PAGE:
The National Hockey League's years-long investigation into concussions was a "whitewash", and the league's claims that players should have researched themselves the consequences of brain injuries is absurd, according to claims made by a group of former players in newly filed court documents.
Three weeks ago, the NHL claimed in pleadings that the former players who are suing the league over how it handled concussions and head trauma injuries ought to have been able to "put two and two together," thanks to newspaper and magazine stories and other news reports.
"Publicly available information related to concussions and their long-term effects, coupled with the events that had transpired – i.e., the players incurring head injuries – should have allowed (players) to put two and two together," the NHL said in its court documents filed in Minnesota.
Now, the players are firing back.
In newly filed documents obtained by TSN, lawyers for players including Joe Murphy, Bernie Nichols and Gary Leeman rubbish the NHL's claims, saying players had "no knowledge of the medical literature, and no understanding of any need to go find it because they relied on the NHL for information about player health and safety."
"Whether players could have accessed information in the public sphere is a red herring," the players say in court filings. "By representing that the NHL was the caretaker of player safety and was responsible for researching concussions... the NHL was telling players not to look for or believe what the NHL now says the players should have researched and understood."
The players, whose claims have not been proven, allege that the NHL did not do enough to protect them from head injuries before it created a committee to study head trauma in 1997. Even after that, the players charge the committee's findings were not adequately shared with players.
"For decades, NHL players who sustained in-game concussions or who lost consciousness were simply propped up, given smelling salts, and quickly returned to game-action," the players allege.
While the NHL began its concussion study in 1997 and published its findings in 2011, "It was not until July 23, 2013, that the NHL changed its concussion protocols to require a concussed player not return to the same game in which the concussion occurred."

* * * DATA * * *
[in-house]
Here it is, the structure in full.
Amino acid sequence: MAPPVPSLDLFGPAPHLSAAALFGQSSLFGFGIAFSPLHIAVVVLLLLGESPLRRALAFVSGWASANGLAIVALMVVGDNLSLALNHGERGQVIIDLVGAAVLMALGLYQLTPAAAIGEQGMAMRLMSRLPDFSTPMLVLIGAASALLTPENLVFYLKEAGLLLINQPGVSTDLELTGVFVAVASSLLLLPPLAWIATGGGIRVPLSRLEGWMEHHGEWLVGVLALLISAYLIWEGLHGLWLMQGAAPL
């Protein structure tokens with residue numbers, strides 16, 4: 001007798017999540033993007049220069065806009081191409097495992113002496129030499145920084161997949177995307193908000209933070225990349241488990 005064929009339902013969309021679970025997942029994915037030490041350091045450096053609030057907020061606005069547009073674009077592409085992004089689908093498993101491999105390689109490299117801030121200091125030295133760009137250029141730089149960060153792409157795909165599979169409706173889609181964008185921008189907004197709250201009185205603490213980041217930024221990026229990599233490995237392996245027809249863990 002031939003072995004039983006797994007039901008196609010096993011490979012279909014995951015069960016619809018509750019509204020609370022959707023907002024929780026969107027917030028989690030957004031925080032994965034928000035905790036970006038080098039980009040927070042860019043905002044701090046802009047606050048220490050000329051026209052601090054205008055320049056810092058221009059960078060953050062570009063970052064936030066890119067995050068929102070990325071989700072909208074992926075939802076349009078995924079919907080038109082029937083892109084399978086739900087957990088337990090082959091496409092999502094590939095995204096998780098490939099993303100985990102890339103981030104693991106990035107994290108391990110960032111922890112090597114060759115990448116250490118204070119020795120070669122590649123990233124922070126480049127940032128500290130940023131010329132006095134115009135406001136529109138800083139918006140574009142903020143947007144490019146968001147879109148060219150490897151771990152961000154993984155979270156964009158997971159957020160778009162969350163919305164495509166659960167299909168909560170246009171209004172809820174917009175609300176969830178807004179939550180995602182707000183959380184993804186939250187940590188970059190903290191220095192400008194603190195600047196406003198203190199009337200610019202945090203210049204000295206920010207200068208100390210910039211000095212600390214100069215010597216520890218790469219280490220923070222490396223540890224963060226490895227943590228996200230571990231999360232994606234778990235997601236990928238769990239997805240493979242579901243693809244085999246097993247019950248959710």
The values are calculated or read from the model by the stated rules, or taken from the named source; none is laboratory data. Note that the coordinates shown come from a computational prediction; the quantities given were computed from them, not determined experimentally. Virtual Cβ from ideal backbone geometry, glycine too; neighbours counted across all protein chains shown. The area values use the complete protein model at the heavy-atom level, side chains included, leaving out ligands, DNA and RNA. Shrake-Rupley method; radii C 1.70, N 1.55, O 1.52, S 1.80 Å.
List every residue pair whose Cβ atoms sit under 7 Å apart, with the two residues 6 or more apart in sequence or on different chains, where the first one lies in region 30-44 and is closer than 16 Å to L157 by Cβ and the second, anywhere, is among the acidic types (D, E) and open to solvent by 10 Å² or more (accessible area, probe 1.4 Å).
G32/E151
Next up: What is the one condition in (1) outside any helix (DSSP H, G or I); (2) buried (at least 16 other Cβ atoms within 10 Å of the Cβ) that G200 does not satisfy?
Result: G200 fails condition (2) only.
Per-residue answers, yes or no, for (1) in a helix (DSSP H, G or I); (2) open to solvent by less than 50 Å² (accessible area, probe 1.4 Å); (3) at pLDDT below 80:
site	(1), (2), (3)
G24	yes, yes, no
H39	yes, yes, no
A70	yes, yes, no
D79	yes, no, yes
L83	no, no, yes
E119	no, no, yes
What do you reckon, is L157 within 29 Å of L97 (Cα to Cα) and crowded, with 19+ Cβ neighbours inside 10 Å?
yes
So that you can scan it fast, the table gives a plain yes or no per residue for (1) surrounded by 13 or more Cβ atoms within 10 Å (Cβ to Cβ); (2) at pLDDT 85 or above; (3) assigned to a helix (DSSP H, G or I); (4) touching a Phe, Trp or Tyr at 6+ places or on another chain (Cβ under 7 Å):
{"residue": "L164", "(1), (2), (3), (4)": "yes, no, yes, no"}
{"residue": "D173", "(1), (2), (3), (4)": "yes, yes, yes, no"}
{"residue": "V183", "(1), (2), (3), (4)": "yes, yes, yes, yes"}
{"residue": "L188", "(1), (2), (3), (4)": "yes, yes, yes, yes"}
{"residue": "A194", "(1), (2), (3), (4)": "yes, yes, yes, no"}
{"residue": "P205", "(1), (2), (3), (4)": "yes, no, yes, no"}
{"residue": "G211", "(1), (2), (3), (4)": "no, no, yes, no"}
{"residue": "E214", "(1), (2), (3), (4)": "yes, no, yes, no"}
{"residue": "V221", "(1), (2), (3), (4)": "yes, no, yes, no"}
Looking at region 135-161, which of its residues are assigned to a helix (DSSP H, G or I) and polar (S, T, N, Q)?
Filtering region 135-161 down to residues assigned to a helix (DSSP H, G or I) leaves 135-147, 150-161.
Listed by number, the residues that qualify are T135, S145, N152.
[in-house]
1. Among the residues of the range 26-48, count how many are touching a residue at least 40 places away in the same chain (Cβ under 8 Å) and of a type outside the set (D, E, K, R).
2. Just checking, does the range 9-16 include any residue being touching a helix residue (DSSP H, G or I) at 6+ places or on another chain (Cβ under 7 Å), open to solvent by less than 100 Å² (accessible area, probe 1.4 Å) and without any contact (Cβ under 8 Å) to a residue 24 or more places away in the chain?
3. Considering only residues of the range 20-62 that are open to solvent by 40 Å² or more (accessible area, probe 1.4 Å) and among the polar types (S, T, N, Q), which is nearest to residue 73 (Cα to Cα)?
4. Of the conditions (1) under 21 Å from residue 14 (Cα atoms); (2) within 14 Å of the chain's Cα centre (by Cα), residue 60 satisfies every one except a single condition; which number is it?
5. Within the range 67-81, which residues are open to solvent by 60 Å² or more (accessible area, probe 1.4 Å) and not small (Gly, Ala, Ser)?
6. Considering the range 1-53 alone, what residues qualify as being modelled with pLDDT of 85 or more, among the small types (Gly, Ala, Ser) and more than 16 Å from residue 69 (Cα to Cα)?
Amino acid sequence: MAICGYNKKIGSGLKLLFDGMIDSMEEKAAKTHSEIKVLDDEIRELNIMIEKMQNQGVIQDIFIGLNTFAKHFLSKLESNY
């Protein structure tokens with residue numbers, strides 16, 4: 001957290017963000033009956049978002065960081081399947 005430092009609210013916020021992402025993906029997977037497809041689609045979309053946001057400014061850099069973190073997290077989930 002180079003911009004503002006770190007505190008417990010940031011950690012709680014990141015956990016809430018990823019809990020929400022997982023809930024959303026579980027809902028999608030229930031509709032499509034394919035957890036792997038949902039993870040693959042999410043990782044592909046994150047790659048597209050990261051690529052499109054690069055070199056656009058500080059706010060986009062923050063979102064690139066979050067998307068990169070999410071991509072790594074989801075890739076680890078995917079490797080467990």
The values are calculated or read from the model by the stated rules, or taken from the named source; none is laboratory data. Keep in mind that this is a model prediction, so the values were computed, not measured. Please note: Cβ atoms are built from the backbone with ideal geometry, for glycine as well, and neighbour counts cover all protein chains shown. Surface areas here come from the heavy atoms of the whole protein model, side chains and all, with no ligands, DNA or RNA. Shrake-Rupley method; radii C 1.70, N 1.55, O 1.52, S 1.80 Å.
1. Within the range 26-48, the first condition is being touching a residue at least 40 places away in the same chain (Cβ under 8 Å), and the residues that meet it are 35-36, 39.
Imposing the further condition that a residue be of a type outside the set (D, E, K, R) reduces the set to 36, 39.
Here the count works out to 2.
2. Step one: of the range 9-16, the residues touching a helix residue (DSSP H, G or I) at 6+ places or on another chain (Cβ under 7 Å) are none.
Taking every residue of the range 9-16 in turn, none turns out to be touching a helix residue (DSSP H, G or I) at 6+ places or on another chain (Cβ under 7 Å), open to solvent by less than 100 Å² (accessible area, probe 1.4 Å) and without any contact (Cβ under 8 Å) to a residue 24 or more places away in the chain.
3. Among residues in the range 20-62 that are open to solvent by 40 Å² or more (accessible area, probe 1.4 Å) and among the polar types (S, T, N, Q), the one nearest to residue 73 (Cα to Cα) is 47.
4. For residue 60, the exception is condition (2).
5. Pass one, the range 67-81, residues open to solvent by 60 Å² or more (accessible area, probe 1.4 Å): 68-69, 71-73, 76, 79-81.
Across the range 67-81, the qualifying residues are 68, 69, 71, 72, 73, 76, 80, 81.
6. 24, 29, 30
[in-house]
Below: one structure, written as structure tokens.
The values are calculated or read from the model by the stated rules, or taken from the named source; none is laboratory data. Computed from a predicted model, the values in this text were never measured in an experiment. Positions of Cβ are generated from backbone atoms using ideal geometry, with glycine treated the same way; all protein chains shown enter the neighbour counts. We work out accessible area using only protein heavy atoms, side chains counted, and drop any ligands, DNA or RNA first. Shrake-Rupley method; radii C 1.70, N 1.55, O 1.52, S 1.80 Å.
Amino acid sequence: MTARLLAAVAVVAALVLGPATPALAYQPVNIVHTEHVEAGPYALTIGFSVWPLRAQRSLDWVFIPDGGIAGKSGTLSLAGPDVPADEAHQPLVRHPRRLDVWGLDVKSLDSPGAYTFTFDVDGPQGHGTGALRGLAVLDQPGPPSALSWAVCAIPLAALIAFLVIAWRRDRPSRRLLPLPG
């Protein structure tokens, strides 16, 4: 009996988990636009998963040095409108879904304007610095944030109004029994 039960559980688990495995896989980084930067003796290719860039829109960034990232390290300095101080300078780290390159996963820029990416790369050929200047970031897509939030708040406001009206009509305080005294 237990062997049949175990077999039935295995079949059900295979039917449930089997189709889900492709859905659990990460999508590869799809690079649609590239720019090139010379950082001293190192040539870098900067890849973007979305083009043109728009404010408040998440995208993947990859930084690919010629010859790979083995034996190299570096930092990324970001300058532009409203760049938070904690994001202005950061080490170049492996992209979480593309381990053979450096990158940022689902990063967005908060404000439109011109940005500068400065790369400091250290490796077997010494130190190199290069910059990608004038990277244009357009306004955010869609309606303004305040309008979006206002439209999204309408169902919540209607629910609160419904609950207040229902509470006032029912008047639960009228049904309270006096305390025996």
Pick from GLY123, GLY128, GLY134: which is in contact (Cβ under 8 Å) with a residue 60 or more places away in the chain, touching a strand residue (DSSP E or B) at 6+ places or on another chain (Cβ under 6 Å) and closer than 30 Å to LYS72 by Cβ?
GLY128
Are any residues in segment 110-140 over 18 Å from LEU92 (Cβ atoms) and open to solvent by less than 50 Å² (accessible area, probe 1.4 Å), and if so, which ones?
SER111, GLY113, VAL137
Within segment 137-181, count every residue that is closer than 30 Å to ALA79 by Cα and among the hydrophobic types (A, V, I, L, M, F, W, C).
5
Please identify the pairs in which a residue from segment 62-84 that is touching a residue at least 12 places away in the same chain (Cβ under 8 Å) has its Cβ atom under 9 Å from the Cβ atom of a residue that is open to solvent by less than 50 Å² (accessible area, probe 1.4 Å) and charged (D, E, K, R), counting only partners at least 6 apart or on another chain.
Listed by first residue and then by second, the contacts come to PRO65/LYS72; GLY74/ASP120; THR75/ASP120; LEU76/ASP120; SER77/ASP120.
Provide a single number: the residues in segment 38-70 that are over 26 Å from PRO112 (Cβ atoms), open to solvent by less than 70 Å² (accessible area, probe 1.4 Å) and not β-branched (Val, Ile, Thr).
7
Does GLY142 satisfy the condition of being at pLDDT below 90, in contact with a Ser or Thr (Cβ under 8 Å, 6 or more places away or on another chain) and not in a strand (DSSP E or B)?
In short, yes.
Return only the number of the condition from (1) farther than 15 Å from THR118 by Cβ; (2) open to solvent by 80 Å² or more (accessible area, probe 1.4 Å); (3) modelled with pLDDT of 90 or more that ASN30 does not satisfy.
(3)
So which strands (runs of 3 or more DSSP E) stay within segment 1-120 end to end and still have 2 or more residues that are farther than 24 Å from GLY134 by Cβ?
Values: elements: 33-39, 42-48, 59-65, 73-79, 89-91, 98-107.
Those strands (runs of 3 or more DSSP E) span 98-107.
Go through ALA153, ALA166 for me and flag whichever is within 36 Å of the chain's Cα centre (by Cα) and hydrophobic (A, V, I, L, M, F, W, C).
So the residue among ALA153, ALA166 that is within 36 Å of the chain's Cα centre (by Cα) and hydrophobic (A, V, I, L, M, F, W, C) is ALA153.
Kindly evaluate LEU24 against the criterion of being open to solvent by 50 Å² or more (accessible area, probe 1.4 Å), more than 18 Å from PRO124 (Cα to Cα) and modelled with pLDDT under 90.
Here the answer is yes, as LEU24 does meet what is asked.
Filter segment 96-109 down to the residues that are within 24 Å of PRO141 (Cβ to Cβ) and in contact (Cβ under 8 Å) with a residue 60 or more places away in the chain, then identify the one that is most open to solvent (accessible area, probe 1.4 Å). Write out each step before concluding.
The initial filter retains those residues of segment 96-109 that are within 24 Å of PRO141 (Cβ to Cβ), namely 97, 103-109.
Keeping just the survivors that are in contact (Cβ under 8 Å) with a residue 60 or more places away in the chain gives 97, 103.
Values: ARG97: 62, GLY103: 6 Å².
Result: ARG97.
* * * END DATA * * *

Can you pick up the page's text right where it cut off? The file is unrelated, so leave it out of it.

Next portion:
The NHL players filed the suit in November 2013 after a group of nearly 4,500 former NFL players reached a settlement with the NFL over similar concussion-related complaints.
The NFL players are expected to be paid about $1 billion, a lawyer working on the case told TSN.
In its legal filings, the NHL says the court should dismiss the case because it's taken too long for players to file their complaints.
"(The players) are not seeking recovery for acute injuries resulting from the individual hits, blows or instances of trauma inherent in hockey," the players' pleadings say, adding that the injuries being sued for "are the permanent degenerative brain diseases, or accumulated brain cell damage increasing the risk of such diseases, which arose and of which the plaintiffs became aware only after plaintiffs retired from the NHL."
The NHL also has said the claim should be dismissed because health and safety issues fall under the purview of the league's collective labour agreement with the NHLPA.
The NHL said under terms of its CBA, that players have a responsibility to report injuries to their teams and submit themselves for examination. The CBA also addresses the rights of a player to receive his medical records, the NHL said in its legal filings.
"Players are clearly excluded from the NHLPA bargaining unit," the new court documents say, "belying any argument that they are represented by a union who can initiate a grievance on their behalf... plaintiffs, as retired players and unrepresented by the NHLPA, could not initiate a grievance on their own behalf even if they wanted to."
The judge overseeing the players' lawsuit will hear oral arguments about the NHL's motion on Jan. 8 and will decide whether to dismiss the case by April.
About 40 former NHL players have now signed up as named plaintiffs, compared to 4,500 in the NFL case.